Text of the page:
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Sunday, 19 November 2017

IFR India's path to sustainable growth 2016: Part 3

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Marie Diron, Moody’s: We’re also seeing a shift in the composition of expenditure, from public expenditure towards capex. That will be positive if it is a catalyst for private sector investment, because while the numbers are impressive, Indian numbers generally are because the economy is so large. But in relation to the size of the economy it is not so impressive.

Given the constraints on the budget, the government cannot trigger this investment revival on its own. It can only be the catalyst. Public capex can unblock those infrastructure bottlenecks, which can have a large multiplier effect.

Avinash Persaud, Intelligence Capital: Emerging market economies have constraints. Can India really grow at 15% per year? I’m not sure. There are factors that provide that opportunity, but there are others that will create problems. India is growing at 7% and maybe it could be 10% with this infrastructure investment, but we’ve got to be realistic about what can be achieved.

A lot of this is about design. It is not easy for the private sector to get involved in large, long-term projects so we’ve got to make sure the system is well designed, including the tenders, the guarantees and the regulation, so it all supports long-term investment.

Around the world today there is a shortage of long-term investment, largely because the regulation of life insurance and pension funds makes it very costly for them to make these kinds of investments. We have to make sure that, while India is modernising and adopting international regulations, it only takes the good things, and not the bad things. We’ve got to mobilise domestic savings, which India does have, for long-term investing, which some international regulation actually prevents.

Bejoy Das Gupta, IIF: One of the most exciting parts of the Indian economy today is the digital economy, which promotes financial inclusion. The government is pushing public infrastructure for the digital economy, such as the inter-operability of the unified payment system, the Aadhar card and the e-economy.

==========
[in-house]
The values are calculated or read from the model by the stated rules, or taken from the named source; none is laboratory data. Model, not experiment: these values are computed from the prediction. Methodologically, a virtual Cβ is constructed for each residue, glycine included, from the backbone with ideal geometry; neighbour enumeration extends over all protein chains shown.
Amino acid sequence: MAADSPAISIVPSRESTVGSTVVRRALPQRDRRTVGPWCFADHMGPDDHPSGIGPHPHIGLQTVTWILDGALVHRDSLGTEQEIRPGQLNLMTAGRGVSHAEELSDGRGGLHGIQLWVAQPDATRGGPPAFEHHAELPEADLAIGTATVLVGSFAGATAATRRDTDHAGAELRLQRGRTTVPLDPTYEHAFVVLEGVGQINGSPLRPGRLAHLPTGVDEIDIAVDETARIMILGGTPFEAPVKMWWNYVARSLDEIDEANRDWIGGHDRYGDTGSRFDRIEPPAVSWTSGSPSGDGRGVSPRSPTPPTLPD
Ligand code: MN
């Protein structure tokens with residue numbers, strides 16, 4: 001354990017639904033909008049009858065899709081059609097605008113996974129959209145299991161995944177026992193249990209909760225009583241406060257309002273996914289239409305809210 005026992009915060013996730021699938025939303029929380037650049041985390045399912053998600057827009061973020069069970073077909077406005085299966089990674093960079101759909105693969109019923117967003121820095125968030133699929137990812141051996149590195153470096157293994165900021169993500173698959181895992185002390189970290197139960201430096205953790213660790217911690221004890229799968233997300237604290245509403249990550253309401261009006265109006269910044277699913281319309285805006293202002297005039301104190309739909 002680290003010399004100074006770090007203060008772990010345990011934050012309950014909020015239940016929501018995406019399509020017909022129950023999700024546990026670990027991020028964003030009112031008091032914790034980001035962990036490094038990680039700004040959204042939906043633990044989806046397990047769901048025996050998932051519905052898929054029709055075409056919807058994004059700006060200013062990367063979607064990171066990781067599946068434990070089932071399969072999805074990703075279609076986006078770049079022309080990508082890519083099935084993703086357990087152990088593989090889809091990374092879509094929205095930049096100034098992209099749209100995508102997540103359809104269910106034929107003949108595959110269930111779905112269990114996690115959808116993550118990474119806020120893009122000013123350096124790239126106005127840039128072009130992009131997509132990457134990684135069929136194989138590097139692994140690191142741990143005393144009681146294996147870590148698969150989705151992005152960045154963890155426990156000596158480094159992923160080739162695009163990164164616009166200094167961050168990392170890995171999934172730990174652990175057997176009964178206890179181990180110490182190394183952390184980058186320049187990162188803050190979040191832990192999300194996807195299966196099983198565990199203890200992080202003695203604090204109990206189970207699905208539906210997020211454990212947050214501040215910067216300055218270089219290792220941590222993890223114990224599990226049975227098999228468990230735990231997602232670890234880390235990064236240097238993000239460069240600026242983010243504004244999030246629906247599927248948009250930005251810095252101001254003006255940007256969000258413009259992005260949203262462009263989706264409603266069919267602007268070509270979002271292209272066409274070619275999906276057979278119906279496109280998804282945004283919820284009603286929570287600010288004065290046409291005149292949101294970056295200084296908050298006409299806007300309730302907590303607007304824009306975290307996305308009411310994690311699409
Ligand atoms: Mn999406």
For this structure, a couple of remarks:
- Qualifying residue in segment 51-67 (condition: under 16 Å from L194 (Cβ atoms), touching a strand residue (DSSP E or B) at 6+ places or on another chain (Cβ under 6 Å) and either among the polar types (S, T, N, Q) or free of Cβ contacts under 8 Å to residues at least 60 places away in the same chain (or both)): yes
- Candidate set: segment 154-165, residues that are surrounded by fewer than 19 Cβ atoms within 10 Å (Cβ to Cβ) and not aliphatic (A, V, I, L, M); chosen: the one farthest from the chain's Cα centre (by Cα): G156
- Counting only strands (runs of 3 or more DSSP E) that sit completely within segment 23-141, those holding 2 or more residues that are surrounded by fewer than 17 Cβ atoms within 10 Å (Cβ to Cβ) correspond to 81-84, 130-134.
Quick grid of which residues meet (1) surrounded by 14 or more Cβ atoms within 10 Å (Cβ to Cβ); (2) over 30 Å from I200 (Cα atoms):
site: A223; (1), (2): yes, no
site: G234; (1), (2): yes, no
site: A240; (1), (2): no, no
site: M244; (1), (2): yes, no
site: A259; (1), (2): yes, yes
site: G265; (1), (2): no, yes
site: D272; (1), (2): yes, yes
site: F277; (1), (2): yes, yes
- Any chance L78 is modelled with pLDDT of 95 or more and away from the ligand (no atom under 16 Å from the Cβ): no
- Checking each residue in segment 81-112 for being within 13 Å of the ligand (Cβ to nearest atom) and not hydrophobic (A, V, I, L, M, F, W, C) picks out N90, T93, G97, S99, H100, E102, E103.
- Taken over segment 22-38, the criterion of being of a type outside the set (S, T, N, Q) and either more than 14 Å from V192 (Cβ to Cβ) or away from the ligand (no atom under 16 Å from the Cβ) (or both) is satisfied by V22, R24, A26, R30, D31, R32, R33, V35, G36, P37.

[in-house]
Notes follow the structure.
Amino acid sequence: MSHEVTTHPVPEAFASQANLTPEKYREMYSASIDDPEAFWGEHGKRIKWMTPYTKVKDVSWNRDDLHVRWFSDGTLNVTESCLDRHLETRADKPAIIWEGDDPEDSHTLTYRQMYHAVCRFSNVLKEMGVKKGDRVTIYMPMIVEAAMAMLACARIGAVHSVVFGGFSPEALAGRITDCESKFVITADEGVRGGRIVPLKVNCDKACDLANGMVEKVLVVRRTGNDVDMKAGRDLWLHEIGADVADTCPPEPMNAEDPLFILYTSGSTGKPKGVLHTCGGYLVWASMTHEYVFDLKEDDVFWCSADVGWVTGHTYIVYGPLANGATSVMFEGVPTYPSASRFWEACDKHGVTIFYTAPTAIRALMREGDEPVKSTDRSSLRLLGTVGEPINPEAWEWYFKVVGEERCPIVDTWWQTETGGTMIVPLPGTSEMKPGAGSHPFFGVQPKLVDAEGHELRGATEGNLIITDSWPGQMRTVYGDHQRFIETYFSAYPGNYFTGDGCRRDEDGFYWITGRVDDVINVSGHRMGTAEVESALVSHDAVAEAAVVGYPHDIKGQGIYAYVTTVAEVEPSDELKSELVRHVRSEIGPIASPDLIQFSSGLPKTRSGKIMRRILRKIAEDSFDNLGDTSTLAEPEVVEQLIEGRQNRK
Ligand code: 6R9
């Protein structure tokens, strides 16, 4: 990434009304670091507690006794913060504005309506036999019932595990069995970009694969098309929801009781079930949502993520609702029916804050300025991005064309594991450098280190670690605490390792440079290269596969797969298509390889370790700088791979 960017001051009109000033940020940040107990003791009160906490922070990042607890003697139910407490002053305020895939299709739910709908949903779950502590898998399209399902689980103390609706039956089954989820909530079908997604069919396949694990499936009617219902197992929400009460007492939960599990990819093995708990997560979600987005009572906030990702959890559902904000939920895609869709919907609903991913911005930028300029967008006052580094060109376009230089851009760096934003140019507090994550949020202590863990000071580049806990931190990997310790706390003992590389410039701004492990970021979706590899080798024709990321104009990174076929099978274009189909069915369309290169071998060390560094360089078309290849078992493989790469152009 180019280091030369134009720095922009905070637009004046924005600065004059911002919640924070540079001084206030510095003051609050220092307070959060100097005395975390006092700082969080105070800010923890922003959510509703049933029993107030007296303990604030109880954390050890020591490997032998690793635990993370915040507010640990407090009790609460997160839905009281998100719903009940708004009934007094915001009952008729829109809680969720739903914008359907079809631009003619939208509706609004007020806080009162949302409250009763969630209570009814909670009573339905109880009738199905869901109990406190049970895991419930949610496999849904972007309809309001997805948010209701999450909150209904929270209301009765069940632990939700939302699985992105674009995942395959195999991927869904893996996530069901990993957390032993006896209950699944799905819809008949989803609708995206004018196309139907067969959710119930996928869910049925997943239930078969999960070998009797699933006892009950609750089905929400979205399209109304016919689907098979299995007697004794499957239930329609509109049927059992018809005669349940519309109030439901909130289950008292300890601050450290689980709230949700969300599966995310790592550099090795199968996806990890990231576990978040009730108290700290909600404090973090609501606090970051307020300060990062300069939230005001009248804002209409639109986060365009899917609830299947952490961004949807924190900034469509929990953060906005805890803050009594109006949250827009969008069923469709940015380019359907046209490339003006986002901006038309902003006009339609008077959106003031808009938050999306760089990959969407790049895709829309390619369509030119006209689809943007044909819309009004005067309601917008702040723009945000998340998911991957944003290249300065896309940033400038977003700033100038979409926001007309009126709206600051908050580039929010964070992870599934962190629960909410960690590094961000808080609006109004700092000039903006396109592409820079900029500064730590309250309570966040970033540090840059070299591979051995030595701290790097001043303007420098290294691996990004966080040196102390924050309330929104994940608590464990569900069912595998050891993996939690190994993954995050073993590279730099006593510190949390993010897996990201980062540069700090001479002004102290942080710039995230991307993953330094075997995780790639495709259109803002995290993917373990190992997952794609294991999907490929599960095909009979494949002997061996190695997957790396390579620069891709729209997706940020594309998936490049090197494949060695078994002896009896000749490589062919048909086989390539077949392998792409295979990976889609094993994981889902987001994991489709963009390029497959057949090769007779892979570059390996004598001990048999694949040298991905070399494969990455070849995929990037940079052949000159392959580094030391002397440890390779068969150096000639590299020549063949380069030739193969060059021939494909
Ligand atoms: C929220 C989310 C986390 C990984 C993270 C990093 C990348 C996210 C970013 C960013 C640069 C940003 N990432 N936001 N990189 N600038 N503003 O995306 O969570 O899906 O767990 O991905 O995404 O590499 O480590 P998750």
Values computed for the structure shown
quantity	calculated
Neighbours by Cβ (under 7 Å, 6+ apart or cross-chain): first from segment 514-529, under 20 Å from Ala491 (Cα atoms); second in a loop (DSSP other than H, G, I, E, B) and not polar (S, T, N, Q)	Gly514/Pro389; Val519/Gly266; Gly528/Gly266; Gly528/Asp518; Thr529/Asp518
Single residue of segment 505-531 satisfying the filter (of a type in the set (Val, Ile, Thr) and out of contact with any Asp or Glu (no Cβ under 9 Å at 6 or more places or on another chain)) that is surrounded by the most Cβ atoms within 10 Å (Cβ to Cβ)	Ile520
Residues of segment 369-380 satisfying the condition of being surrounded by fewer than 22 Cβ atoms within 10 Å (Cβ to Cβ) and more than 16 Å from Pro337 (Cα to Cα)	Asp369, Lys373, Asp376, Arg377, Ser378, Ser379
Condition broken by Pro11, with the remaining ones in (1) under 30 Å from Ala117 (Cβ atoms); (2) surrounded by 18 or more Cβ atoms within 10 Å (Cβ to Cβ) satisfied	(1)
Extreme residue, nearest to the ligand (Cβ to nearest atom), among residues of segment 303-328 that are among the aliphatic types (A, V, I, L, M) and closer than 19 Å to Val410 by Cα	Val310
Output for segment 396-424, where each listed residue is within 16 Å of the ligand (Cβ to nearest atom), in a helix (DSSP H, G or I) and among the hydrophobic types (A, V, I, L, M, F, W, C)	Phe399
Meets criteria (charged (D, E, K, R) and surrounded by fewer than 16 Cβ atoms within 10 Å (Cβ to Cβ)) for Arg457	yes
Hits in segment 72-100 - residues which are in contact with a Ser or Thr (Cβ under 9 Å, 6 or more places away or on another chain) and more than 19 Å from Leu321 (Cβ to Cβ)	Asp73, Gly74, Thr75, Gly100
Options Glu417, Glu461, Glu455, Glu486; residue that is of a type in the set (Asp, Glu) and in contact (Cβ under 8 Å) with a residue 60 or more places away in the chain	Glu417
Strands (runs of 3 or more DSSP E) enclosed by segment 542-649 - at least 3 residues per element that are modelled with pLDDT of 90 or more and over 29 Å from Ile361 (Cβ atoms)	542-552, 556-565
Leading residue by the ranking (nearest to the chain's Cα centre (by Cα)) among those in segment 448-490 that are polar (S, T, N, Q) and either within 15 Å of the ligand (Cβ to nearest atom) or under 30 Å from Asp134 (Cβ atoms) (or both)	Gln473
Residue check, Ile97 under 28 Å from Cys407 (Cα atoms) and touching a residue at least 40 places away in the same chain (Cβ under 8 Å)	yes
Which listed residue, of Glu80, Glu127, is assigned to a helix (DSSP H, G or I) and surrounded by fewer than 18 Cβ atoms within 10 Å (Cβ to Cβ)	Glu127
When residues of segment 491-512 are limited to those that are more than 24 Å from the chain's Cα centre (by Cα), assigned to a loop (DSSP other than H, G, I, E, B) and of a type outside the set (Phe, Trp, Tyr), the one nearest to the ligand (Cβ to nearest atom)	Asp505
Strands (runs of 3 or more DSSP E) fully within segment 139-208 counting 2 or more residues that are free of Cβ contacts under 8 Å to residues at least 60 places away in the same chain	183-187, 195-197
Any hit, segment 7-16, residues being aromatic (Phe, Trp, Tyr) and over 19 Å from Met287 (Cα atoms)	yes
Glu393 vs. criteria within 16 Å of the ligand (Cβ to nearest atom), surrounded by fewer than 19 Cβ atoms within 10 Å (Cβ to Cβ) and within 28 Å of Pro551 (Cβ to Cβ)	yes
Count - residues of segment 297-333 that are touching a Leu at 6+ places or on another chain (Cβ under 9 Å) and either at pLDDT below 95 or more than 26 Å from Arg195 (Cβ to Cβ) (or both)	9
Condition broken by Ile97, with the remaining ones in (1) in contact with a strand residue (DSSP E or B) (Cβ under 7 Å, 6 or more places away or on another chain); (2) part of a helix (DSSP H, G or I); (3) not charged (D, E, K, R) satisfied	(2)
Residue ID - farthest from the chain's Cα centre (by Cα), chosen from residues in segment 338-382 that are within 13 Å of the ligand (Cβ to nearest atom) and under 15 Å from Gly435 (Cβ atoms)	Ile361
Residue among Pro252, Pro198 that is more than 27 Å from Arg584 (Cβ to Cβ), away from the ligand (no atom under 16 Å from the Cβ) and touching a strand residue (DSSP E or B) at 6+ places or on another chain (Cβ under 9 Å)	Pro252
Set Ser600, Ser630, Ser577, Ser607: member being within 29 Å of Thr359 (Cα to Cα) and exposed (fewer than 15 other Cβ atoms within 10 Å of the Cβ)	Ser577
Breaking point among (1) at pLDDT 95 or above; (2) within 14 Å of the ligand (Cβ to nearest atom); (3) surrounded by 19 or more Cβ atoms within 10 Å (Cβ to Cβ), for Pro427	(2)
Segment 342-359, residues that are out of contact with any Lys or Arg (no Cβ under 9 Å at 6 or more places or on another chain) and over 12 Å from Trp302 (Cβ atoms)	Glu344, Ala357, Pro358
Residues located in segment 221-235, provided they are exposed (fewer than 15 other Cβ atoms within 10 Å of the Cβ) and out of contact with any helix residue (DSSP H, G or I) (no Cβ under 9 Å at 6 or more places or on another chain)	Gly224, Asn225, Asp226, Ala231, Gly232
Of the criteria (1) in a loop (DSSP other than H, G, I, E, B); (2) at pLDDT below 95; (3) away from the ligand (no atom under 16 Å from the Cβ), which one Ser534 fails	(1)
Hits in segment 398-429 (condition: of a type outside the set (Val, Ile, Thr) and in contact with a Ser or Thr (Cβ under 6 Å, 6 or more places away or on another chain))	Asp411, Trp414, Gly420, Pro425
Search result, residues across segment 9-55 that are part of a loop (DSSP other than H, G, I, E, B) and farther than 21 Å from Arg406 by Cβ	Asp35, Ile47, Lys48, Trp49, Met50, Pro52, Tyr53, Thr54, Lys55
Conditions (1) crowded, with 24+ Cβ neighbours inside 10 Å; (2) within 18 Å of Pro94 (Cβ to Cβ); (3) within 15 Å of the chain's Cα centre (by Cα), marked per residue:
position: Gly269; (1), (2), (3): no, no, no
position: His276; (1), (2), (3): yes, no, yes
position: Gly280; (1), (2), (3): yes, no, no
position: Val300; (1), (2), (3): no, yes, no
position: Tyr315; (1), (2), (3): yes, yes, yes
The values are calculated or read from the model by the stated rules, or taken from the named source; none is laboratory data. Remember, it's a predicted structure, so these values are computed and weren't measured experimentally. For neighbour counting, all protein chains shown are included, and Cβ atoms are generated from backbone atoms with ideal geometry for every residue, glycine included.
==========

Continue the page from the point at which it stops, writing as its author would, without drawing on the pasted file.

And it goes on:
Of course, there’s a big push on the banks to promote financial inclusion, but what I see happening here is technology, the government and the private sector coming together to form partnerships.

It’s not easy by any means, but it’s really shaking up the system. Financial services are like water in the economy: too little of it and we have a drought; too much of it and you have a flood. But right now we have half the economy with no access to any form of savings products, credit products or insurance products. Bringing those people into the financial systems is a game changer, which is another building block for Indian growth.

 

IFR: It’s also worth pointing out that the government has taken steps to liberalise the domestic capital markets, making it easier to raise offshore rupee finance. There have been things like the Depositary Receipt (DR) reforms, which came out of the Sahoo Committee report. That hasn’t come to fruition yet – I think there are some taxation issues that need to be resolved – but certainly the framework is there.

But it does seem there is a general recognition that the capital markets can play an important role in funding India’s growth, including in infrastructure. There are products like InvITs in the pipeline which will be listed offshore but will effectively put power assets into the structure.

Does the panel think the government has done enough to push the development of the capital markets domestically in India? Given that markets are quite shallow, and Indian institutional investors are quite risk averse, what can be done to ensure all Indian corporates have access to financing, even if they do not have a high investment-grade rating? Has the government done enough, will its efforts bear fruit and will we see a deepening of India’s capital markets?

 

Avinash Persaud, Intelligence Capital: Without getting into semantics, perhaps what we need is more broadening than deepening. Sometimes we have a tendency to whip the banks to do more risky lending, and then we whip the banks for having done risky lending. So what we need is other types of institutions to take on more of this risk. Maybe this will be financed in the capital markets, but we need to look at our institutions. Do we have non-bank financial institutions that can be involved in risky lending?

Banks are very much collateralised lenders. They are part of the payment system and can’t take too much risk. So the question is whether India has the breadth of institutions that can be involved in that kind of lending.